DISTANCE/DURATION: 6.1 miles (9.8km) 3 hours
PUBLIC TRANSPORT: Service bus Dinas/Newport 412, *Poppit Rocket 405 (*seasonal, hail and ride)
CHARACTER: Wooded valleys, sea cliff, fields and livestock
LOOK OUT FOR: Boundary stone Bedd Morris, spectacular coastal and mountain views.
The Preseli Hills are the highest in Pembrokeshire, a tough ridge of Ordovician shale and mudstone that has been compressed to form slate.
In places there is also rhyolite and dolerite, the famous ‘bluestone’ that forms the inner ring of Stonehenge. The ‘bluestone’ is spotted dolerite unique to the Carn Meini area.
This route takes you to an altitude of almost 300 metres (980 feet) on Parc Mawr, where the jagged crags are reminiscent of Dartmoor’s granite tors. In this northern corner of the range the Preselis seem to rise straight out of the sea and the route takes you quickly between open moorland to the coast.
Most of this moorland is common land, owned by the Barony of Kemais (Cemaes) but managed by commoners who graze cattle, sheep and ponies.
Much of the Preseli upland is boggy and the soils are acidic, allowing plants like fir clubmoss, liverwort, ferns and orchids to thrive. In late summer the warm pink of the heather adds rich colour to the landscape.
The route passes close to one of the area’s best-known landmarks, the standing stone known as Bedd Morris or Morris’s Grave – one of 70 to be found in the county.
The impressive Bedd Morris stone is around two metres (six feet) tall and is thought to date from between 2,000 to 1,500 BC. It was possibly a marker to indicate the junction of two very ancient trackways across the Preseli Hills.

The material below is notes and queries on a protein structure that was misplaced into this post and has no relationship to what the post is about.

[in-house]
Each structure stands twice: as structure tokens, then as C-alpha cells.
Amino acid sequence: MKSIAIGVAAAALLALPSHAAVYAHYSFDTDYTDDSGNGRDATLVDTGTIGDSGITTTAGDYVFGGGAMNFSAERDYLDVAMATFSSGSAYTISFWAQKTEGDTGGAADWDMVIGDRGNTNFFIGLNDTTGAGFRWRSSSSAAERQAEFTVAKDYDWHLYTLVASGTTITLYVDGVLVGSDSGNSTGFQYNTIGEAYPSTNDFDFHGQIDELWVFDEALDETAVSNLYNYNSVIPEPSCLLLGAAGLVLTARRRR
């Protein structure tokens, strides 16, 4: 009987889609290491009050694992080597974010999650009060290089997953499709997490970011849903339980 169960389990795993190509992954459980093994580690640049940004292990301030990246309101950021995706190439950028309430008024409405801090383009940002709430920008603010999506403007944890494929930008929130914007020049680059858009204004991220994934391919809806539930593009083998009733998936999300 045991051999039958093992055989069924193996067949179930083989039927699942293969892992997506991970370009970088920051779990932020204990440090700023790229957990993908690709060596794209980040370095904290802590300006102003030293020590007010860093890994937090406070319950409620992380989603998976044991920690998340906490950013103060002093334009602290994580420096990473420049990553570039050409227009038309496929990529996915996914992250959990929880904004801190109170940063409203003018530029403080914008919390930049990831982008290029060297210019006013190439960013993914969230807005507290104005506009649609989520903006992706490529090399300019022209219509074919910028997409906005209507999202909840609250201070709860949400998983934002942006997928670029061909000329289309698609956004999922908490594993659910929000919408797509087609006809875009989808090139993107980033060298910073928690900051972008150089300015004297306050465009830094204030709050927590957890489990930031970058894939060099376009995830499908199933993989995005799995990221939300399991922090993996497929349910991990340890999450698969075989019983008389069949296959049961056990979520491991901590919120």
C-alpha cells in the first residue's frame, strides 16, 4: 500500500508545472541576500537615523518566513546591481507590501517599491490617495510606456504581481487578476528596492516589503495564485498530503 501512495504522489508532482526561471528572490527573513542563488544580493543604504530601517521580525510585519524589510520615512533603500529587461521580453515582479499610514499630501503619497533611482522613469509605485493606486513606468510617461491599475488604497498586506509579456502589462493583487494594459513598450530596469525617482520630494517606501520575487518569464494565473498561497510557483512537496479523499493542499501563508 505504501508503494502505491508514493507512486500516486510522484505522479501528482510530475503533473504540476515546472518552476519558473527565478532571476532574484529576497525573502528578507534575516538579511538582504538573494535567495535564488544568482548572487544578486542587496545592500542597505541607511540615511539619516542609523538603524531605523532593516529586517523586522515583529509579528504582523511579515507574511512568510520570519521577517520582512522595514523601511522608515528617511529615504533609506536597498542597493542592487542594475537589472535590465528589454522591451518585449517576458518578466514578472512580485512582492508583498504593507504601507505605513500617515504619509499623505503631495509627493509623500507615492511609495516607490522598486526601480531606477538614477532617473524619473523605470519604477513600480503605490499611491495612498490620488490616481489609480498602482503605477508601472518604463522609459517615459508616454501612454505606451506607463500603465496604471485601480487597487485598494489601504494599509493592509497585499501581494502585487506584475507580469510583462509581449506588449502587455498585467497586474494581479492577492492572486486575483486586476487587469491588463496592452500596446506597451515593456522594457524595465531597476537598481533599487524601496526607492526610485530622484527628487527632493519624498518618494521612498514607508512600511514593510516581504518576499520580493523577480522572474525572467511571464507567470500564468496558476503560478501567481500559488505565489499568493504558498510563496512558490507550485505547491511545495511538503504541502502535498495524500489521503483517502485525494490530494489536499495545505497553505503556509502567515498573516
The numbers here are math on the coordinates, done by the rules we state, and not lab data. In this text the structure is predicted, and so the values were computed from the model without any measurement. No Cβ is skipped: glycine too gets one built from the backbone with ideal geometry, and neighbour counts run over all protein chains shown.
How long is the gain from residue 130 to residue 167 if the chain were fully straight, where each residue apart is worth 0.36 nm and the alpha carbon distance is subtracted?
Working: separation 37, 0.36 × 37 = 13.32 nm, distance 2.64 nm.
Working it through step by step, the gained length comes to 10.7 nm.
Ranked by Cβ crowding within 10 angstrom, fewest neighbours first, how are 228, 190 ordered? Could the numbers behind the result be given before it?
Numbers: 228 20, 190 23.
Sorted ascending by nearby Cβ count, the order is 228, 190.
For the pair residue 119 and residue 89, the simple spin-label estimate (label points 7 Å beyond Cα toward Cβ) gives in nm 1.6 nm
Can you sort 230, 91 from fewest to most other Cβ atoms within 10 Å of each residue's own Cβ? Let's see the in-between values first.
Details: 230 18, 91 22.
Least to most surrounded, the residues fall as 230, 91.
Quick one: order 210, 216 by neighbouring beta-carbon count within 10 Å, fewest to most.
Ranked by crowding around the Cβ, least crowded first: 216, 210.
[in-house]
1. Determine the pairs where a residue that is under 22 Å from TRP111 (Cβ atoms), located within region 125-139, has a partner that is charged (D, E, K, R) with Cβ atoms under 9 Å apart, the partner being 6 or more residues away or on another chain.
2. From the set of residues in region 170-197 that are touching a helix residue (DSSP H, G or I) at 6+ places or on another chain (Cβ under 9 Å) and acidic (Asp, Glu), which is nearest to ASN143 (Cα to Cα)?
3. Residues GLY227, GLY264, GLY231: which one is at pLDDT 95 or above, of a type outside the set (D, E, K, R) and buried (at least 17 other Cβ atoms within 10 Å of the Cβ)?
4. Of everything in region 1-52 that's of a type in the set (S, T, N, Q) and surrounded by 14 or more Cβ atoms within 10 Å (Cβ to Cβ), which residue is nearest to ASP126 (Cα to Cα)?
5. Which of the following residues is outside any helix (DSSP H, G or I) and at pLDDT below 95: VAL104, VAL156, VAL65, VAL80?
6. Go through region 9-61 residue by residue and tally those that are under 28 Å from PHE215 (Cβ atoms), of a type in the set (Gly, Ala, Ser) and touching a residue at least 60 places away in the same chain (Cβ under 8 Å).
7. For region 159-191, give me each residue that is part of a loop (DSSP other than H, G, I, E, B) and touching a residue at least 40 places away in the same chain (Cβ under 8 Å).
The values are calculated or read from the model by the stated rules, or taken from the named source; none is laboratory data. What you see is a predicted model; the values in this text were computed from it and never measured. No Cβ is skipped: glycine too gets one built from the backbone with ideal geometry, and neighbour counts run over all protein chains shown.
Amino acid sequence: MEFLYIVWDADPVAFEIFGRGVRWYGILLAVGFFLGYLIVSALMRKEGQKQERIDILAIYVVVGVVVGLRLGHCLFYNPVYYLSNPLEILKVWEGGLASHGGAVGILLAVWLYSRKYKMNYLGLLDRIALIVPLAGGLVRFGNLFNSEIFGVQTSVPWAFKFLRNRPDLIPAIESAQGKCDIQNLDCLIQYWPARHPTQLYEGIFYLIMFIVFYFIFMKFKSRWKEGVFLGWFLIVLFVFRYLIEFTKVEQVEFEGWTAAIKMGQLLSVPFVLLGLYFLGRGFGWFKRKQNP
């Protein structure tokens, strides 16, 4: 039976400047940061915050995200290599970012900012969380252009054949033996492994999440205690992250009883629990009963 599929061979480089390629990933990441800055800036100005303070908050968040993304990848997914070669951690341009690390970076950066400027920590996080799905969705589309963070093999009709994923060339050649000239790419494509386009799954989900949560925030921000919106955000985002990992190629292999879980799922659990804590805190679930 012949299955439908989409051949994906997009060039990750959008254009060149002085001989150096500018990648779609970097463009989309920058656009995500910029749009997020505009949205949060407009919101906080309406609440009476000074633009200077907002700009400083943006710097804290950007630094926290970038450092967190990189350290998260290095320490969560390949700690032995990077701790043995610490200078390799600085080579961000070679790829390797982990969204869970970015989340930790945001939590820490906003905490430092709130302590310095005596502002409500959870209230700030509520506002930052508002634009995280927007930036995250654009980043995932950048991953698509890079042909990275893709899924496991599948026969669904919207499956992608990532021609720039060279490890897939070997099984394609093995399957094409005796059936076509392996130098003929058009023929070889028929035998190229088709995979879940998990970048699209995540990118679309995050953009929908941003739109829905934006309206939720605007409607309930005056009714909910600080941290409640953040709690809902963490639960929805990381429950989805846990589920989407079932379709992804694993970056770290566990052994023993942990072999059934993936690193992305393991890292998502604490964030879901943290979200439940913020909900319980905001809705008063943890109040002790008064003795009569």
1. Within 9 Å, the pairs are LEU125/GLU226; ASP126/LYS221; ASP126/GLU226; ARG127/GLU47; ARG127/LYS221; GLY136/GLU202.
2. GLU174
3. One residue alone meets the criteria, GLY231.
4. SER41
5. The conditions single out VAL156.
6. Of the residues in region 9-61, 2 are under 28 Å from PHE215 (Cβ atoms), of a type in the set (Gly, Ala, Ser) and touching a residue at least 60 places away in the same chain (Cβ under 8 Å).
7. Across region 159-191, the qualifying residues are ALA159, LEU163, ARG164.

In much more recent times the stone has become the centre of local stories. One says it marks the grave of a highwayman called Morris, who once preyed on travellers crossing the hills.
Also close to the route is Cerrig y Gof, standing stones that are the remains of a Neolithic burial chamber between 4,500 and 5,500 years old. The stones stand close to the A487 on private land but the owner allows access – do remember to close the gate.
Find This Walk
Grid ref: SN040385
- Take great care when on the Coast Path
- Stay on the path and away from cliff edges
- Wear boots and warm, waterproof clothing
- Take extra care in windy and/or wet conditions
- Always supervise children and dogs
- Leave gates and property as you find them
Discover more about Walking in the Park
Covid-19 (Coronavirus) walking guidance
Guidance for people to help them stay safe while out walking.
Walking your dog
Well-controlled dogs are usually welcome members of any trip to the Pembrokeshire Coast.
The Walkability Project helps people of all abilities who live in Pembrokeshire to enjoy the spectacular countryside and coast around them.
Choose from over 200 circular walks in the Pembrokeshire Coast National Park including half day routes, gentle strolls, plus easy access walks.